Whenever something bad happens, there’s a part of me that thinks I had it coming.
God is punishing you, I’ll tell myself. God is coming after you for all the bad things you’ve done.
It’s crazy, it’s unhealthy, and yet I still do it.
I’m just getting over another bout with chronic fatigue and, as usual, I made matters worse by getting angry and believing that I had somehow brought this illness upon myself.
You’re so arrogant about staying in shape, I scolded myself, that’s why you’re getting sick.
It’s a dark kind of ego trip, where I believe the Creator of the Universe is gunning for me—like He doesn’t have enough to do already. It’s all about me—as long as it’s bad news.
I got so upset last week that at one particularly low point I sent a desperate plea up to the Almighty.
“Whatever I did,” I said, “I’m sorry.”
Blind apologies usually don’t make much sense or have much value, but then I wasn’t thinking very clearly.
Just a few days later I was listening to a web cast of a service at Trinity Church. Rev. Canon Anne Mallonee was preaching that day and she talked about finding a message written on a welcome card in one of the pews.
“Listen,” she told the congregation. “Listen with the ears of your heart, not just your mind.”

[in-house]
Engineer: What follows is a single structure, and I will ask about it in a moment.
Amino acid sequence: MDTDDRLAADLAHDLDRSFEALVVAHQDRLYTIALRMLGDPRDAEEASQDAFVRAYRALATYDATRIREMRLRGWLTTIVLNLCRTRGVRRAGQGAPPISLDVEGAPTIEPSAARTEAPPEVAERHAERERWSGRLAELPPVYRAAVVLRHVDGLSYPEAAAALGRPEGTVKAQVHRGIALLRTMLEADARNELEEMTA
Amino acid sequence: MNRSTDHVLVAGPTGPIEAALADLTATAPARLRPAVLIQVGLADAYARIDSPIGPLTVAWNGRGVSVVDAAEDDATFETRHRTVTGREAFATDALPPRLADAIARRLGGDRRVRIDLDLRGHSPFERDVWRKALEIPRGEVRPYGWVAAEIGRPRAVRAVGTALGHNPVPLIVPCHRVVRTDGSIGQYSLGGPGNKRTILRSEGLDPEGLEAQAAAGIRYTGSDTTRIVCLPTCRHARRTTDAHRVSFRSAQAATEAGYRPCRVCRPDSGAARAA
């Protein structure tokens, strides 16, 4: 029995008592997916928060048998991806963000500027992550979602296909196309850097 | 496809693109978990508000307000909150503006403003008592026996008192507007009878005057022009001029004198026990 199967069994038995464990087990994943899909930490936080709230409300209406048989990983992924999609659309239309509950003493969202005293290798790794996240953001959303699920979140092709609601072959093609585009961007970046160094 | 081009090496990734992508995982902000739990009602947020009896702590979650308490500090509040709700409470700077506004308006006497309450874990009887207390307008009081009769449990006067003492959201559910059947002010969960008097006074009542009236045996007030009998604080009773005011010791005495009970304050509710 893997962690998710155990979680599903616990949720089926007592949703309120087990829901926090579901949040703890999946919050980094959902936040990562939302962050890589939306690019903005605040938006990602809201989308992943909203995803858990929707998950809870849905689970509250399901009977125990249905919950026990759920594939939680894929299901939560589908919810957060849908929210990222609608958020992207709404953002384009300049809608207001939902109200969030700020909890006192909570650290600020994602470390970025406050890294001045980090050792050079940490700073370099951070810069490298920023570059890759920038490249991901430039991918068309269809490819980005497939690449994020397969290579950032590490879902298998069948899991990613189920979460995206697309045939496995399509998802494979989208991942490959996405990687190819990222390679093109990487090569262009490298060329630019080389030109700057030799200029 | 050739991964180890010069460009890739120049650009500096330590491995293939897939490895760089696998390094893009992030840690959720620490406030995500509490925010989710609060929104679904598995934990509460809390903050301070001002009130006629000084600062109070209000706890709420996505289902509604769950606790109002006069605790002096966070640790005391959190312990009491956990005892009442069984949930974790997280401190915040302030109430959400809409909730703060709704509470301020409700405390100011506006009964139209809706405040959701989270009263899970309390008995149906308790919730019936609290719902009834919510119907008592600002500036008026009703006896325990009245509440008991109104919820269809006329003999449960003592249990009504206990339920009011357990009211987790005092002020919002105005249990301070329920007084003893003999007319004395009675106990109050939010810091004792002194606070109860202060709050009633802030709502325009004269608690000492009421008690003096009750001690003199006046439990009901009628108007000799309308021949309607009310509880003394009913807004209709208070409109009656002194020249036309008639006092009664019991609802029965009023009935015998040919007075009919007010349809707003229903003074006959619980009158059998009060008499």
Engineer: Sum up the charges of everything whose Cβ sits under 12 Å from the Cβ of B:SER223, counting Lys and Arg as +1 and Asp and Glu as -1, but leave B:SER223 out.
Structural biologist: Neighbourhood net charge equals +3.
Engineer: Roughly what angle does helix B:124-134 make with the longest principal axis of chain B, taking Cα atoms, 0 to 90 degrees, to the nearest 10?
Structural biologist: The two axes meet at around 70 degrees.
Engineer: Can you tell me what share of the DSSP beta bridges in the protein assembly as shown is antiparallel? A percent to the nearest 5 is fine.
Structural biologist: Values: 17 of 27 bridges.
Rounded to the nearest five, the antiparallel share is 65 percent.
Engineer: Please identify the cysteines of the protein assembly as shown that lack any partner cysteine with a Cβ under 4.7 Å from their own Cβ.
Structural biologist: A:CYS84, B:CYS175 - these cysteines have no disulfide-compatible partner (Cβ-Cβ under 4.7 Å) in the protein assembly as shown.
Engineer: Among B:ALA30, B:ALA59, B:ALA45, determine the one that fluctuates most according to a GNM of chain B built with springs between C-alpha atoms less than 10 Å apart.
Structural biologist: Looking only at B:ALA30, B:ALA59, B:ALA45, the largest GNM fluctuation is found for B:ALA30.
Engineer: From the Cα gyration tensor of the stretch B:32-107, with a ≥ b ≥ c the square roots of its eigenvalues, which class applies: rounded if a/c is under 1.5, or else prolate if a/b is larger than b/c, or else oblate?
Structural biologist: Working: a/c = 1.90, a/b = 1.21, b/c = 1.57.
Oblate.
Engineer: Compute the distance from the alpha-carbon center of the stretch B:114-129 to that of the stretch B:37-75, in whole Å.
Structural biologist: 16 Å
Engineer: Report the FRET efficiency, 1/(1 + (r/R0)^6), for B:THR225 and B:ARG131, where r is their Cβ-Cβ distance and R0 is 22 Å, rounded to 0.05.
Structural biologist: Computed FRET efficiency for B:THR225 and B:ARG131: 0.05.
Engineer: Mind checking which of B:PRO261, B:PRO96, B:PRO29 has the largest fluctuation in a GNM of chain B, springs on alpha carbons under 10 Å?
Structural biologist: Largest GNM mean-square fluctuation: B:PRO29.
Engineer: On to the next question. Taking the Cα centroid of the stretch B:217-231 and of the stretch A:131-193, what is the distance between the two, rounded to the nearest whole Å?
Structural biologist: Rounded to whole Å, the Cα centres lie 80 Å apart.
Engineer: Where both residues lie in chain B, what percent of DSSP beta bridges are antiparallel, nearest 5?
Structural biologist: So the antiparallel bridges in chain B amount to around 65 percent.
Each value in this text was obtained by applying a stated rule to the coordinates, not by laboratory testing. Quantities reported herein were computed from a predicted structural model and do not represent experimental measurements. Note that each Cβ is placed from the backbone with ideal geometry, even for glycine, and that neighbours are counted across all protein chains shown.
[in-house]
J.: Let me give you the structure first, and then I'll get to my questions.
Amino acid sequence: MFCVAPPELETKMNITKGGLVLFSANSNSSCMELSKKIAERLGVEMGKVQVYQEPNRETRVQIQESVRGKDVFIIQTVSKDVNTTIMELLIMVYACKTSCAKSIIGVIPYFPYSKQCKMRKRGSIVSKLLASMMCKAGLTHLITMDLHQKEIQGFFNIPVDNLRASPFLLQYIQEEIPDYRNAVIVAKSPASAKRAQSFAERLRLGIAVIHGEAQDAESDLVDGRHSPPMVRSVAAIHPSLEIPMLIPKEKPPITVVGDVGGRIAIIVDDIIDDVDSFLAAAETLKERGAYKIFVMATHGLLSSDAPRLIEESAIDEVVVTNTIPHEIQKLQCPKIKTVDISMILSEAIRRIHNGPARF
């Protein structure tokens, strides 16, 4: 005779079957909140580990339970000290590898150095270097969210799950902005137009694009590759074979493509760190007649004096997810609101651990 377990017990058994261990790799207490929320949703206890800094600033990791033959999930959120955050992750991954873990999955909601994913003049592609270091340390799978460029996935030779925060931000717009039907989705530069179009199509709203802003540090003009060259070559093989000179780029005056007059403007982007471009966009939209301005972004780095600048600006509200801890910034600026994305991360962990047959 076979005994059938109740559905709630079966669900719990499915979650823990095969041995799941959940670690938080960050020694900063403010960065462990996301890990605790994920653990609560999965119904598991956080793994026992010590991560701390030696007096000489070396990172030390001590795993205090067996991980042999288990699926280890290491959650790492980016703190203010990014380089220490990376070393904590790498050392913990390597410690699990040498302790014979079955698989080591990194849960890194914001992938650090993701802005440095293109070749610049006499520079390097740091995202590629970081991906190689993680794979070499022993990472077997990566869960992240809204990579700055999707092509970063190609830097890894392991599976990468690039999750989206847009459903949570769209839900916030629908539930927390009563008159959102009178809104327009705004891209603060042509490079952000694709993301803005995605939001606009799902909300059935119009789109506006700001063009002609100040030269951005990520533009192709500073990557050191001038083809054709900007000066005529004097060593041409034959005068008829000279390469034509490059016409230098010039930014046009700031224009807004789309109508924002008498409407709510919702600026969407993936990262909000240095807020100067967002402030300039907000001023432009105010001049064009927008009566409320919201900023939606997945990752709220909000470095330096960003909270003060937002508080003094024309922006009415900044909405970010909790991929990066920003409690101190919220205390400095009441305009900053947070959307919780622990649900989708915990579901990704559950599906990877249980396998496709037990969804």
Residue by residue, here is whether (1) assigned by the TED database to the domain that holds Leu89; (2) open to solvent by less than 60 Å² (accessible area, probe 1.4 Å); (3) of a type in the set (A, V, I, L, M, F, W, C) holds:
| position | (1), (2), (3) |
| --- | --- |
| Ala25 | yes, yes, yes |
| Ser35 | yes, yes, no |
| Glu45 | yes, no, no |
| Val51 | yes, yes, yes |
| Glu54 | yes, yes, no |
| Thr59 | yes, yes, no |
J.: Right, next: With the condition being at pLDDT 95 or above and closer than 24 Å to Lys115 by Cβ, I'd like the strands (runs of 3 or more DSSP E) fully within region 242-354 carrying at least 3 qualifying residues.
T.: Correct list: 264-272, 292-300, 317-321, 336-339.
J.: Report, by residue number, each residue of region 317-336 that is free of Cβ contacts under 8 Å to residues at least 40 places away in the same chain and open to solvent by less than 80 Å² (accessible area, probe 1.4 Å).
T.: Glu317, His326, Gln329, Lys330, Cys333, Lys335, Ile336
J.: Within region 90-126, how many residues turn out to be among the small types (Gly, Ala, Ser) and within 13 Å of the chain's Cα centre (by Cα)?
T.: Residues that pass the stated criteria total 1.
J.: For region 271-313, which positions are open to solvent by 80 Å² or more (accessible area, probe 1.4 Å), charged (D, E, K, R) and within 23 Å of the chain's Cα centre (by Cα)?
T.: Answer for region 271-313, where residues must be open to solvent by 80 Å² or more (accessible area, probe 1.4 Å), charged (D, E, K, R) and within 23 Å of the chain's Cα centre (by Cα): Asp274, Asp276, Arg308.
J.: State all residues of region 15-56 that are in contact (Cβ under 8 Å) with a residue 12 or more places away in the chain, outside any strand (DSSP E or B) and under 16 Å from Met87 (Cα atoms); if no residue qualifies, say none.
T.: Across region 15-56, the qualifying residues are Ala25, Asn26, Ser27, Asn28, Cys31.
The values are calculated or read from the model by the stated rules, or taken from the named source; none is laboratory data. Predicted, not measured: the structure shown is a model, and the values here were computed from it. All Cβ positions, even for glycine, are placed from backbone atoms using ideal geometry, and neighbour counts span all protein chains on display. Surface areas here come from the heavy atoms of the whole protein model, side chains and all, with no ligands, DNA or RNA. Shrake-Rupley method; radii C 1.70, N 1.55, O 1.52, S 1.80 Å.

And so I listened as Rev. Mallonee read two simple sentences and my heart nearly cracked in two.
“Please don’t let me lose my job,” the message said. “I’m sorry for what I did.”
Sending Out An S-O-S…
That’s all. No name, no explanation. It was an anonymous cry for help, like the survivor of a shipwreck putting a message into a bottle and hurling it into the sea.
I have no idea who this person was, but I instantly recognized the mindset, the frantic, illogical belief that connects our misdeeds—real or imagined--to our misfortune.
I would like to know what this person did—or, more importantly, what he or she thinks they did that was so terrible. I know from personal experience that we often believe we’ve committed the most heinous deeds only to find that the rest of the world doesn't see it that way.
I don’t see God as a heavenly accountant, moving our lives around like beads on a universal abacus, determined to make sure everything adds up.
But fear can conjure up all kinds of irrational beliefs. It's just easier to spot them in other people rather than in ourselves.
After reading the card to the congregation, Rev. Mallonee spoke directly to the author of the message.
“Whoever you are,” she said, “blessed are you for you admit your failure. Blessed are you for you are free from the greatest barrier that humans put up between us and God’s mercy…human pride.”
She added “if you keep this attitude of total supplication and openness, God will bring you through it.”
I hope this person doesn't lose his or her job. And I truly hope he or she comes to terms with whatever they supposedly did.
If you can somehow make up for it, then do so as quickly as possible. If you can’t, then believe you have been forgiven and climb over this barrier.
I’ll see you in church.